In case you missed it, last week the Bureau of Labor Statistics released its union membership data for 2021. Union membership declined by 241,000 to 14,000,000 union members. Total U.S. union membership as a percentage of the workforce declined from 10.8% to 10.3%.
This year’s number was a bit of a statistical anomaly because in 2020 union membership as a percentage of total US workforce increased a bit due to the lower number of workers in the labor force because of COVID. The disproportionate decline in nonunion workers in 2020 caused a statistical increase in union membership data that as nonunion workers rejoined the workforce this year the union membership percentage statistically decreased in 2021.
The 10.3% number includes both private and government workers. There is a significantly higher number of union members in the government (public sector) with 33.9% of government workers in a union. Only 6.1% of private-sector workers are in a union these days.
Where did Michigan’s unionization rate fall in 2021? It fell to 13.3% down from 15.2% in 2020. Again, the significant year over year drop from 2020 is due to a big increase in non-union Michigan workers coming back into the workforce in 2021. New York and Hawaii are the most unionized states these days with 22.4% of Hawaii’s workers in a union and 22.2% of New York workers unionized.
Given recent survey data showing union approval ratings at 68% and at the highest level in 50 years (2021 Gallup poll), shouldn’t union membership be increasing? One would think. And though the additional tail wind has not yet hit the union’s sails so to speak, organized labor has the total support of the Biden Administration with a President that is a “true believer.”
The current administration’s pro labor agenda is still getting set up in the National Labor Relations Board (NLRB). Now that the Biden Administration has its majority on the Board, we will start seeing more labor friendly decisions handed down. Don’t forget, the NRLB looks at non-union employer policies and practices with its decisions.
As unions strive to turn around decades of loss, they have increasingly turned to friendly government administrations, legislators, and agencies to do the work of organizing for them. The crown jewel of government support would be the passage of the PRO Act. This proposed law could substantially change Big Labor’s atrophied organizing efforts.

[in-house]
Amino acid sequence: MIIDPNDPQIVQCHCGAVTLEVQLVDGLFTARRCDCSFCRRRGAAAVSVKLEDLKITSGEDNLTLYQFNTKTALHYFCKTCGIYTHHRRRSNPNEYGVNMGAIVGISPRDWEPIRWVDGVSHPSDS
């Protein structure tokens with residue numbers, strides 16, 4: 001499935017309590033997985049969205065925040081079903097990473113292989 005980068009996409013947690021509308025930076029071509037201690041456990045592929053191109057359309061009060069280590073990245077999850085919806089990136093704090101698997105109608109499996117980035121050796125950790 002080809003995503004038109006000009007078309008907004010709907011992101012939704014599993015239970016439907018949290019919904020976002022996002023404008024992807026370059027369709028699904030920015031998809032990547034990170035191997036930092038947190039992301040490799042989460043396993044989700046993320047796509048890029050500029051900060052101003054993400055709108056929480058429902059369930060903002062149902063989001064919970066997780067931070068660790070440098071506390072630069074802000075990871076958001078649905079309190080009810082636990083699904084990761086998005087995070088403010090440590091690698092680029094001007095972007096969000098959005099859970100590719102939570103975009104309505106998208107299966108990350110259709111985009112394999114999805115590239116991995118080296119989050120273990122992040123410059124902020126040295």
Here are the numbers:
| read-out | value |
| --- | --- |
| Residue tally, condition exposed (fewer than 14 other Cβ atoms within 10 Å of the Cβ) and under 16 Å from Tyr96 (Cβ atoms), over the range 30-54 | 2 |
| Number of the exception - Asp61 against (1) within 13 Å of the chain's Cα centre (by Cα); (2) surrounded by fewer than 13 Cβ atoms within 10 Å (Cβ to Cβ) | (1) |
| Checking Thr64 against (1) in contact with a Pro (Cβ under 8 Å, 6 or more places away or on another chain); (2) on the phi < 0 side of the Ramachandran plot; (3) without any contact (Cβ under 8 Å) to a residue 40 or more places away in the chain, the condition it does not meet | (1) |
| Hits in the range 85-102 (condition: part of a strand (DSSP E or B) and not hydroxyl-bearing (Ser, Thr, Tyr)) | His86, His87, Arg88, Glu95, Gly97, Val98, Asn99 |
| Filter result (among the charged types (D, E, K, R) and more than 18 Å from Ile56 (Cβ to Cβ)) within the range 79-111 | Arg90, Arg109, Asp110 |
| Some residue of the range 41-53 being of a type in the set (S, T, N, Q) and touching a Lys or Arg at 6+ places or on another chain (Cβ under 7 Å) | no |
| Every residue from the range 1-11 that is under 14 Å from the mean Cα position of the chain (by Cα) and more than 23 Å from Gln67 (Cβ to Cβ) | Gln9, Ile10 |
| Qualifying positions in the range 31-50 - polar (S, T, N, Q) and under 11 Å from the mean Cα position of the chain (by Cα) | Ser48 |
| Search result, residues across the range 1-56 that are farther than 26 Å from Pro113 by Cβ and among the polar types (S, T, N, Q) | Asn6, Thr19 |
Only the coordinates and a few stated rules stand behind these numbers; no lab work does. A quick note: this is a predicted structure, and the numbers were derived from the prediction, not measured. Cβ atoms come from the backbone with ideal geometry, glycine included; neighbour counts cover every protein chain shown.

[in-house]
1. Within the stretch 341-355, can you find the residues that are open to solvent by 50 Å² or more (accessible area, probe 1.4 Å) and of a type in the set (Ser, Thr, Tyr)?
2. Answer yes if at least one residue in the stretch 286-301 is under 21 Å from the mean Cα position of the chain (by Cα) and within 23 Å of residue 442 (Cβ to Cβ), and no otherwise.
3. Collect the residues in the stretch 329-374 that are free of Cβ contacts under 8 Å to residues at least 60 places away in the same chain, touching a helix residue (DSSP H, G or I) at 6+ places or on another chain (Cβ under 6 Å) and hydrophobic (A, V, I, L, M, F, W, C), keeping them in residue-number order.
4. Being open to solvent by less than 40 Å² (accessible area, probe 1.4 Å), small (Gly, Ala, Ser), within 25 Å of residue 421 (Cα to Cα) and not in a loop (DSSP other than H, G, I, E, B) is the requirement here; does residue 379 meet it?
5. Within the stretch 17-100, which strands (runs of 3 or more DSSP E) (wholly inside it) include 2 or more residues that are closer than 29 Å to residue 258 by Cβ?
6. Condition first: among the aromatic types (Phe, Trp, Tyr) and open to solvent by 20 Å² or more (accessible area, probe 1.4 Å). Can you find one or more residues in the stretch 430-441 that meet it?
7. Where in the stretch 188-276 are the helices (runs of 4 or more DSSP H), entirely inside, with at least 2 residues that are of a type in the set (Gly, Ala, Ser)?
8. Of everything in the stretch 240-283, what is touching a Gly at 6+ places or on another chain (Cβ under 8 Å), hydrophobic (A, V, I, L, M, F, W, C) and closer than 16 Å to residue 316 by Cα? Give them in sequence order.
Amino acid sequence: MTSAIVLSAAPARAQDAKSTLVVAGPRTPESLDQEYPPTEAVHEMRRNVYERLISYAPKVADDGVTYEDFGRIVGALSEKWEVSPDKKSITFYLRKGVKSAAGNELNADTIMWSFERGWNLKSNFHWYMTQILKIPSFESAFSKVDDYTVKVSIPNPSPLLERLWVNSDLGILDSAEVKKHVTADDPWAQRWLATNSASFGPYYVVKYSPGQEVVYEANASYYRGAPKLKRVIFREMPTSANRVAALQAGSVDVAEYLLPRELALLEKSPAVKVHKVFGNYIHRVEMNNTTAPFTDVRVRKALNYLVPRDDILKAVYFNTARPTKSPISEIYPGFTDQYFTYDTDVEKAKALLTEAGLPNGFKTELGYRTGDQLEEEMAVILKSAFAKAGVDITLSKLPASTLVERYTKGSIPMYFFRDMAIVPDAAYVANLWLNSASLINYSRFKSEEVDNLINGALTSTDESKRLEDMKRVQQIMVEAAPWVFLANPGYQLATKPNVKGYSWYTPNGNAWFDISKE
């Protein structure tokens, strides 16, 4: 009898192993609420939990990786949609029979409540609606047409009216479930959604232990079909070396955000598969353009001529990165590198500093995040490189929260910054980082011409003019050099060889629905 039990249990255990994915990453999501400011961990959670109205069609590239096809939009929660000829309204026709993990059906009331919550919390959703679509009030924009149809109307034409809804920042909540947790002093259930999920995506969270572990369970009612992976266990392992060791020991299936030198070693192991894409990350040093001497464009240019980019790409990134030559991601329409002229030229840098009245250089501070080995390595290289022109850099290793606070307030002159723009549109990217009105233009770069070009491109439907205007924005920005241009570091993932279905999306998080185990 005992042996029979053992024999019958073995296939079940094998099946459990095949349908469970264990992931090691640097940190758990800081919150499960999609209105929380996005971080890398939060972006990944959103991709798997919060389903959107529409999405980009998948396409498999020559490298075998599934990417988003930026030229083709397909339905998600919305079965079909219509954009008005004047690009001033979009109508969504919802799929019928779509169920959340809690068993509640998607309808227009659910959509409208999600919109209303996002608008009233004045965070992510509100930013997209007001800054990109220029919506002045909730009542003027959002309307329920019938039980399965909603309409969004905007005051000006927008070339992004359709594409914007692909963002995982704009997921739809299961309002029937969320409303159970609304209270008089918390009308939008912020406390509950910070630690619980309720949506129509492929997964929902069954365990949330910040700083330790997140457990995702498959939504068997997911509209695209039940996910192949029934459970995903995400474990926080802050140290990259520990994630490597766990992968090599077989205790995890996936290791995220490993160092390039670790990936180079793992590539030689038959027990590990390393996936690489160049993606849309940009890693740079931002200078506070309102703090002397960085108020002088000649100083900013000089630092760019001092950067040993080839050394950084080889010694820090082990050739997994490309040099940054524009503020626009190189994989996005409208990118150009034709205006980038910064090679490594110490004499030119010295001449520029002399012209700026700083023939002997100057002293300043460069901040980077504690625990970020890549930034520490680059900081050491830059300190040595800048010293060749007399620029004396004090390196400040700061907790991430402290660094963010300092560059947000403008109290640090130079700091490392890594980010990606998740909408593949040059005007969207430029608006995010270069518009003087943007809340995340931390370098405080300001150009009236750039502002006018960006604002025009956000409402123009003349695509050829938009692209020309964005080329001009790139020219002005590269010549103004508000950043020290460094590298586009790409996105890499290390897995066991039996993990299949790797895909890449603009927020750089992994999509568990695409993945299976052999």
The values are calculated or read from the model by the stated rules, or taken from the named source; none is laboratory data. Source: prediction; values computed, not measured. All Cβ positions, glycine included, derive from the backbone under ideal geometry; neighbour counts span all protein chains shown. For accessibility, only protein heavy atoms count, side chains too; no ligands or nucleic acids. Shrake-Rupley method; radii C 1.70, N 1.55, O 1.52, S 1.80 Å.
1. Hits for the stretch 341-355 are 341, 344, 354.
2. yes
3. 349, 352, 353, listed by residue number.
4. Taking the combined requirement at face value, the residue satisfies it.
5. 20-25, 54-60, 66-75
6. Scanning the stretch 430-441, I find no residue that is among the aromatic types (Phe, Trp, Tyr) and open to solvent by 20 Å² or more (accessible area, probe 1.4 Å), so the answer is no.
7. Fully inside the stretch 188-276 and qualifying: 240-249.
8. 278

As reported in CCH HR Compliance Library’s update, here is some of what the PRO Act would do:
- Revise the definitions of employee, supervisor, and employer to broaden the scope of individuals covered by fair labor standards;
- Allow labor organizations to encourage union member participation in strikes initiated by employees represented by a different labor organization (i.e., secondary strikes);
- Prohibit employers from bringing claims against unions that conduct such secondary strikes;
- Permit collective bargaining agreements to require all employees represented by the bargaining unit to contribute fees to the labor organization for the cost of representation, notwithstanding a state law to the contrary;
- Expand unfair labor practices to include prohibitions against replacement of, or discrimination against, workers who participate in strikes;
- Make it an unfair labor practice to require or coerce employees to attend employer meetings designed to discourage union membership; and
- Prohibit employers from entering into agreements with employees under which employees waive the right to pursue or join collective or class-action litigation.
So far and fortunately for employers this Bill is still sitting in congressional committee – probably until other more pressing legislation is dealt with.
Without significant changes to labor law, it is doubtful organized labor can move the dial much nationally speaking. That’s not to say they are not trying. Two big targets right now for unionization are Amazon and Starbucks. Amazon is fighting off organizing at some of its warehouses and was recently cited for anti-union activity around an election at its Bessemer, Alabama facility. The NLRB forced Amazon into a settlement severely restricting its union avoidance activity and ordered a new election at that warehouse.
Starbucks is a much harder organizing target because shops have to vote on unionizing one at a time. Two shops in Buffalo, New York voted union but unlike Amazon where hundreds if not more would be unionized, Starbucks shops are only a few dozen in size if that. A much more “laborious” process to accomplish by a union. And that is probably why unions are not making significant inroads in growth. At the end of the day the labor market is too diversified, transient, and spread out. Even with electronic communications, organizing them takes a lot of work that unions do not have the resources to spend on to truly make a difference. That is why they have to rely on a friendly government and a substantial change in organizing laws so that the government and the law does their organizing for them.
ASE’s resources and services are a comprehensive union avoidance program our members benefit from all year long. Salary and benefits data published annually allows our members to pay competitively to market. Supervisory and leadership development training ensures your management effectively leads and does not create employee relations problems. Impactful employee engagement survey tools are available to keep up on what is important to your employees to know when and what organizing issues are out there in your workforce.
Sources: Employment Law. Amazon-NLRB Deal a Union Game Changer (1/29/2022) CCH HR Answers Now Compliance Library. Union Membership Rates Down, But Why?